The title case may not seem like it makes a big difference, but when crawling webpages, bots might mistake two identical URLs with different title cases as two separate URLs or duplicates. Therefore, it’s best to use lower-case URLs across the board to avoid this potential issue altogether.
04. Make Sure to Use the Correct Domain Version
If you switched your website to SSL and you’re currently on a secured domain, make sure this is included in your canonical tag. By contrast, for websites without a secure domain, make sure not to include that in a tag. When creating a canonical tag, ensure that you’re using either HTTPS or HTTP in the URL depending on what is relevant to your website.
05. Add a Canonical Tag to the Homepage
Canonicalizing a homepage isn’t necessary, but it’s another tip that’s helpful in ensuring the right URL gets indexed. Websites often have duplicates of a homepage for a number of reasons so it’s ideal to add a canonical tag to the homepage’s template in order to avoid any unnecessary issues down the line.
06. Ensure Canonical Pages Are Accessible
It doesn’t make much sense to go through all the effort to show Google that a page is canonical only for it to turn up as a 404 when users click on it from the SERP. It’s important to ensure that a canonical page is accessible and isn’t blocked by robots.txt. To avoid this, ensure the canonical URL is listed on your XML sitemap and double-check that all canonical tags are accurate and the pages viewable if you’re using a program to create them.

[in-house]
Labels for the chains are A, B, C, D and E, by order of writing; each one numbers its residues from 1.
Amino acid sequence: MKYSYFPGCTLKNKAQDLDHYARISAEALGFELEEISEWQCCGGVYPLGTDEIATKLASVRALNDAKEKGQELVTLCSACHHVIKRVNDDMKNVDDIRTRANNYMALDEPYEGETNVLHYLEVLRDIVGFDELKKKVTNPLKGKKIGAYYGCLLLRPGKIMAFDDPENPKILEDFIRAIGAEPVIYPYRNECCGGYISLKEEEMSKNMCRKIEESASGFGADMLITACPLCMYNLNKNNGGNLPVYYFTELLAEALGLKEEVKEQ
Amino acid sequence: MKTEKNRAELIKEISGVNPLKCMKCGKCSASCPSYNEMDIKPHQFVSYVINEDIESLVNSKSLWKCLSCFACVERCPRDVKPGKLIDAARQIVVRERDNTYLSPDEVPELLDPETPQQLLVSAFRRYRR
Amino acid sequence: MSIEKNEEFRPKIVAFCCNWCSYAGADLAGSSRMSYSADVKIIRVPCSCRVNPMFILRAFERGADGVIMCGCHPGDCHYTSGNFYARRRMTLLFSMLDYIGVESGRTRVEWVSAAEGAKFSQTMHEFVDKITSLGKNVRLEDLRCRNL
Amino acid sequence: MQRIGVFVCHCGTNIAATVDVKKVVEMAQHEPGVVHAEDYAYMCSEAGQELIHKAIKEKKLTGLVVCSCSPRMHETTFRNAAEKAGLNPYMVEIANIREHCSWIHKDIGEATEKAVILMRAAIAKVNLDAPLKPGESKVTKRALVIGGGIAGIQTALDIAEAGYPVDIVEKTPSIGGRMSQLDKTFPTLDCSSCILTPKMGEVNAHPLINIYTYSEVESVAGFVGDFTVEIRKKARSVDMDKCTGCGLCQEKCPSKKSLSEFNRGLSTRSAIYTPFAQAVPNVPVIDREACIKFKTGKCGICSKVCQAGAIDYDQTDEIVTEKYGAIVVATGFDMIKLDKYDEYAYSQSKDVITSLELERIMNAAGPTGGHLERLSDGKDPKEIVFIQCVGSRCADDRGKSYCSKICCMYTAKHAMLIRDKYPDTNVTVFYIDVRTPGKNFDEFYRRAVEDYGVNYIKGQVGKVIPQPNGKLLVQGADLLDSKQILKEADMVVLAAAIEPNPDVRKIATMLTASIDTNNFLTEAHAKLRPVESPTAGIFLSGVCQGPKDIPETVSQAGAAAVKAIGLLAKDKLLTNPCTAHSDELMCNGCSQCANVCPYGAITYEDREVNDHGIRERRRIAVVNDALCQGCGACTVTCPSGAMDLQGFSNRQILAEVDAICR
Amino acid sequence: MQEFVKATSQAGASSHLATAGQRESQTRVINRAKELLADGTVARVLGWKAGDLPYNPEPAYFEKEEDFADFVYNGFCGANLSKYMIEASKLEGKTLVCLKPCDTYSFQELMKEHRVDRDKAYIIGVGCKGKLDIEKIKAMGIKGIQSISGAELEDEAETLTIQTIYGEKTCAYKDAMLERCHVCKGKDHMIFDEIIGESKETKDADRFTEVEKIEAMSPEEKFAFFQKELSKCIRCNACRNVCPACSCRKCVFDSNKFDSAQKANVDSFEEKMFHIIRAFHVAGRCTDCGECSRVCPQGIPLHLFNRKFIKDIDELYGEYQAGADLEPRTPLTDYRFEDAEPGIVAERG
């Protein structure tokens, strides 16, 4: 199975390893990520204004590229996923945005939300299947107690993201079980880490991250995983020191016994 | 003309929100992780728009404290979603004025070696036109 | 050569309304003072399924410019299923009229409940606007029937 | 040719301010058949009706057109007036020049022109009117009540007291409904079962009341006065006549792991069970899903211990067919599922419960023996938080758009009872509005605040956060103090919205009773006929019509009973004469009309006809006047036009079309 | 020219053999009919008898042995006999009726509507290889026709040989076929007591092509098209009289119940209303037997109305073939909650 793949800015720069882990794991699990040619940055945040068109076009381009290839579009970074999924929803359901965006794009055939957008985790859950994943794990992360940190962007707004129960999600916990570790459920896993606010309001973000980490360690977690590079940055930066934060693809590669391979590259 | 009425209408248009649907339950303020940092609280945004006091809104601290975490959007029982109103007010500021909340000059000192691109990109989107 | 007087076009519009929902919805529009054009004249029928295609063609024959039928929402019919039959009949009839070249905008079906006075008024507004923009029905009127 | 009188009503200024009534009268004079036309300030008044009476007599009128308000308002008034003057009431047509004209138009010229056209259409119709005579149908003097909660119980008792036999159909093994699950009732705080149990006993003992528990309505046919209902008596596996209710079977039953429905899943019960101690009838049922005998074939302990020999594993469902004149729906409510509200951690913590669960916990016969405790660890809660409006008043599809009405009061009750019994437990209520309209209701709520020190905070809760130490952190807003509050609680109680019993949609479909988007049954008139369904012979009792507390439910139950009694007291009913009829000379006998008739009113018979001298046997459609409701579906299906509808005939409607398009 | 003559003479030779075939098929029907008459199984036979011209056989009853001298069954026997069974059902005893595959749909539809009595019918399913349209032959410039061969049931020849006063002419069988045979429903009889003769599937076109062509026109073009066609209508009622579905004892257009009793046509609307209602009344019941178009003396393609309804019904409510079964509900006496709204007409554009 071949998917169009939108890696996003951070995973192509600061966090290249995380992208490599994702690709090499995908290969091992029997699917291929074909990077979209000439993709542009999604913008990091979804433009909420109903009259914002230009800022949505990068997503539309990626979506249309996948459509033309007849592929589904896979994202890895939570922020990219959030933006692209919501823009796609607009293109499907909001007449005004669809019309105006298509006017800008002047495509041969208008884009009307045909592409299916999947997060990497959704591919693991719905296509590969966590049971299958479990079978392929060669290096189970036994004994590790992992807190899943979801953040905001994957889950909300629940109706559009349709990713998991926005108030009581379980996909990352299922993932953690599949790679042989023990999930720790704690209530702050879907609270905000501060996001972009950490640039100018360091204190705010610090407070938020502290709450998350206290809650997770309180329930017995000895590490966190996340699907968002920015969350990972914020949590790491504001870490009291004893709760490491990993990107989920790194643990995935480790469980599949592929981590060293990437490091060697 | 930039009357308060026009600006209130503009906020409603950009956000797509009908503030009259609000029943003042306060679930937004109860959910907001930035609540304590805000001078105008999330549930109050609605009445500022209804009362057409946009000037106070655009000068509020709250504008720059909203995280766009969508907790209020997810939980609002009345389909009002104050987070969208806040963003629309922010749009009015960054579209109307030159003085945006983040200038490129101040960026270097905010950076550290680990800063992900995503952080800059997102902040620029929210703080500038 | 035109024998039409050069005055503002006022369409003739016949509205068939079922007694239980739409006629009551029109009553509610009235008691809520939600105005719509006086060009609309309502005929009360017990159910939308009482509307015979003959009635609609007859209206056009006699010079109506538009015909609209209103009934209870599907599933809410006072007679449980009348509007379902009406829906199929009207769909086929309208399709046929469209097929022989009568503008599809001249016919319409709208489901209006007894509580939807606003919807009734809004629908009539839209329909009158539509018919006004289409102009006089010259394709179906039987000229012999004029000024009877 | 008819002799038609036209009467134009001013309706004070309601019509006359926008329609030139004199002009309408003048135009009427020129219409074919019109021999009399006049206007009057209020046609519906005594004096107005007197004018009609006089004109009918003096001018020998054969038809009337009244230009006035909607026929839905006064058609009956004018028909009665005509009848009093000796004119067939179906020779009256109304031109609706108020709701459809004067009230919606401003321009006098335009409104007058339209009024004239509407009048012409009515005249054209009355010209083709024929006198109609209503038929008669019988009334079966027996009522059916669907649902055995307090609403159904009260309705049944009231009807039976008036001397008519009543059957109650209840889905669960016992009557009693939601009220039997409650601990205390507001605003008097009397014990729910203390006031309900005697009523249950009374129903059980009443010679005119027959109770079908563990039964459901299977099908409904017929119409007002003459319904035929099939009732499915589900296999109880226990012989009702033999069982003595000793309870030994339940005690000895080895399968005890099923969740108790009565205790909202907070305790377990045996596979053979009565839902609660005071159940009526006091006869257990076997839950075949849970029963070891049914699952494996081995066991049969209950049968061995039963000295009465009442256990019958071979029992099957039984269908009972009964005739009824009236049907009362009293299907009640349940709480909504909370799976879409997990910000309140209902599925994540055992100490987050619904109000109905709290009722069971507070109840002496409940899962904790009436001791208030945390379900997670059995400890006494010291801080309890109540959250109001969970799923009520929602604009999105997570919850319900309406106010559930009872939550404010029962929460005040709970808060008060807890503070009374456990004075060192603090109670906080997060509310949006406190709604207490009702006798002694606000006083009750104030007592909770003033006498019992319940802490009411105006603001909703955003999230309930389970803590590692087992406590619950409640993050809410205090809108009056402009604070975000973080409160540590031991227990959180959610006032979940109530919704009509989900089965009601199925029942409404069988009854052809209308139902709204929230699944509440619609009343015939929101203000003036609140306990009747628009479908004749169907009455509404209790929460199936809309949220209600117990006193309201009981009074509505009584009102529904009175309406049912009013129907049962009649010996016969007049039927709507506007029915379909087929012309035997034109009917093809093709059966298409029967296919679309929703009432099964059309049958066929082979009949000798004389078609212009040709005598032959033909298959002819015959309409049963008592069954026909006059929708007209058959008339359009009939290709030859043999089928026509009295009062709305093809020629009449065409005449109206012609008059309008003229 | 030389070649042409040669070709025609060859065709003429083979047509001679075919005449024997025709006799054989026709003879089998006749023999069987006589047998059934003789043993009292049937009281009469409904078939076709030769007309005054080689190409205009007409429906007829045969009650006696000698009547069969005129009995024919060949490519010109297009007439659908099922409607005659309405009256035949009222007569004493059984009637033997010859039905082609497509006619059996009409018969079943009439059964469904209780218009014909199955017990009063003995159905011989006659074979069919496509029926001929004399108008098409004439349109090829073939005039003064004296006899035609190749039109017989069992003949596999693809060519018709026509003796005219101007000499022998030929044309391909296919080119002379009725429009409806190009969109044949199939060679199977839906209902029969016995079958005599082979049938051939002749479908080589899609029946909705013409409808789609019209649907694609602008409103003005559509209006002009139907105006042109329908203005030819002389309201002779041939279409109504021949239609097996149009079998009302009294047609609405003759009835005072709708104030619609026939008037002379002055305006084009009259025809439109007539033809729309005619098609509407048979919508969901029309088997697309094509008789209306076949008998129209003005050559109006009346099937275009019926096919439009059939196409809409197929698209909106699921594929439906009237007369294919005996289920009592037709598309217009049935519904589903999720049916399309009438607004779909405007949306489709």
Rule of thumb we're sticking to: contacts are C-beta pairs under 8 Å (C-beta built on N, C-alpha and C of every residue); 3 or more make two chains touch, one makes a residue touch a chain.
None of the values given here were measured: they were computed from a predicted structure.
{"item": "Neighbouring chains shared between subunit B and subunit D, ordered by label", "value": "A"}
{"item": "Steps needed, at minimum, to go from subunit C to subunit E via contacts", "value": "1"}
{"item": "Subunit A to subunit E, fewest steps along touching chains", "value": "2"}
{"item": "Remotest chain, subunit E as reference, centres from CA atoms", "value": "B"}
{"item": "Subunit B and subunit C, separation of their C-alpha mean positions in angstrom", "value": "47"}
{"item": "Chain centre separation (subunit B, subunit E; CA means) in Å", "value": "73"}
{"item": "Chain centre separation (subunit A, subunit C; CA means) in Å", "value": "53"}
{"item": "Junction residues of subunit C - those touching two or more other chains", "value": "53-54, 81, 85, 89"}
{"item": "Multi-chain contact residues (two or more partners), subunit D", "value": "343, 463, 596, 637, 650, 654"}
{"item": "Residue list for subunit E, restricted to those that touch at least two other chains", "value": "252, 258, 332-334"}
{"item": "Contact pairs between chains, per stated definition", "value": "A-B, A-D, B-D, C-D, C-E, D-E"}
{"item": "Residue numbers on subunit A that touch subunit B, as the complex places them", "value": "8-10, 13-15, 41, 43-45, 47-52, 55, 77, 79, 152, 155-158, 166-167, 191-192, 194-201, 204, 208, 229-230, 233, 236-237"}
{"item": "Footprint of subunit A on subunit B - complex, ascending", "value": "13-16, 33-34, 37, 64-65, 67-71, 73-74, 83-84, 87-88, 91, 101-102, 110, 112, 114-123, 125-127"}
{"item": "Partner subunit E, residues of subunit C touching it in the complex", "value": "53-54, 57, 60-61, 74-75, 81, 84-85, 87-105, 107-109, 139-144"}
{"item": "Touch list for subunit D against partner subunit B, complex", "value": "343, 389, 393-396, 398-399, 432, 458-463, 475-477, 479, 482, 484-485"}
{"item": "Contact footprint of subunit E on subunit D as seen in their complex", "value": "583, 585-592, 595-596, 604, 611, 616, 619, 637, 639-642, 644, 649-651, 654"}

07. Use Canonical Tags Across Domains
When relevant, it’s possible to add canonical tags across different domains. This is primarily for companies that own more than one website with similar content. For example, a news company with a couple of websites that publish the same content or articles might want to add a canonical tag to a specific URL in order for it to rank and so that the duplicate content doesn’t confuse the search engine’s bots.
08. Keep an Eye on Dynamic Canonical Tags
When using a program to create canonical tags, it’s not uncommon for there to be inaccurate code that leads to adding a different canonical tag to all duplicates of a URL. Of course, this completely defeats the purpose of assigning a canonical tag to a URL and the only way around this is to be aware and regularly check for anomalies on all your web pages that might lead to a page not getting crawled or indexed by bots.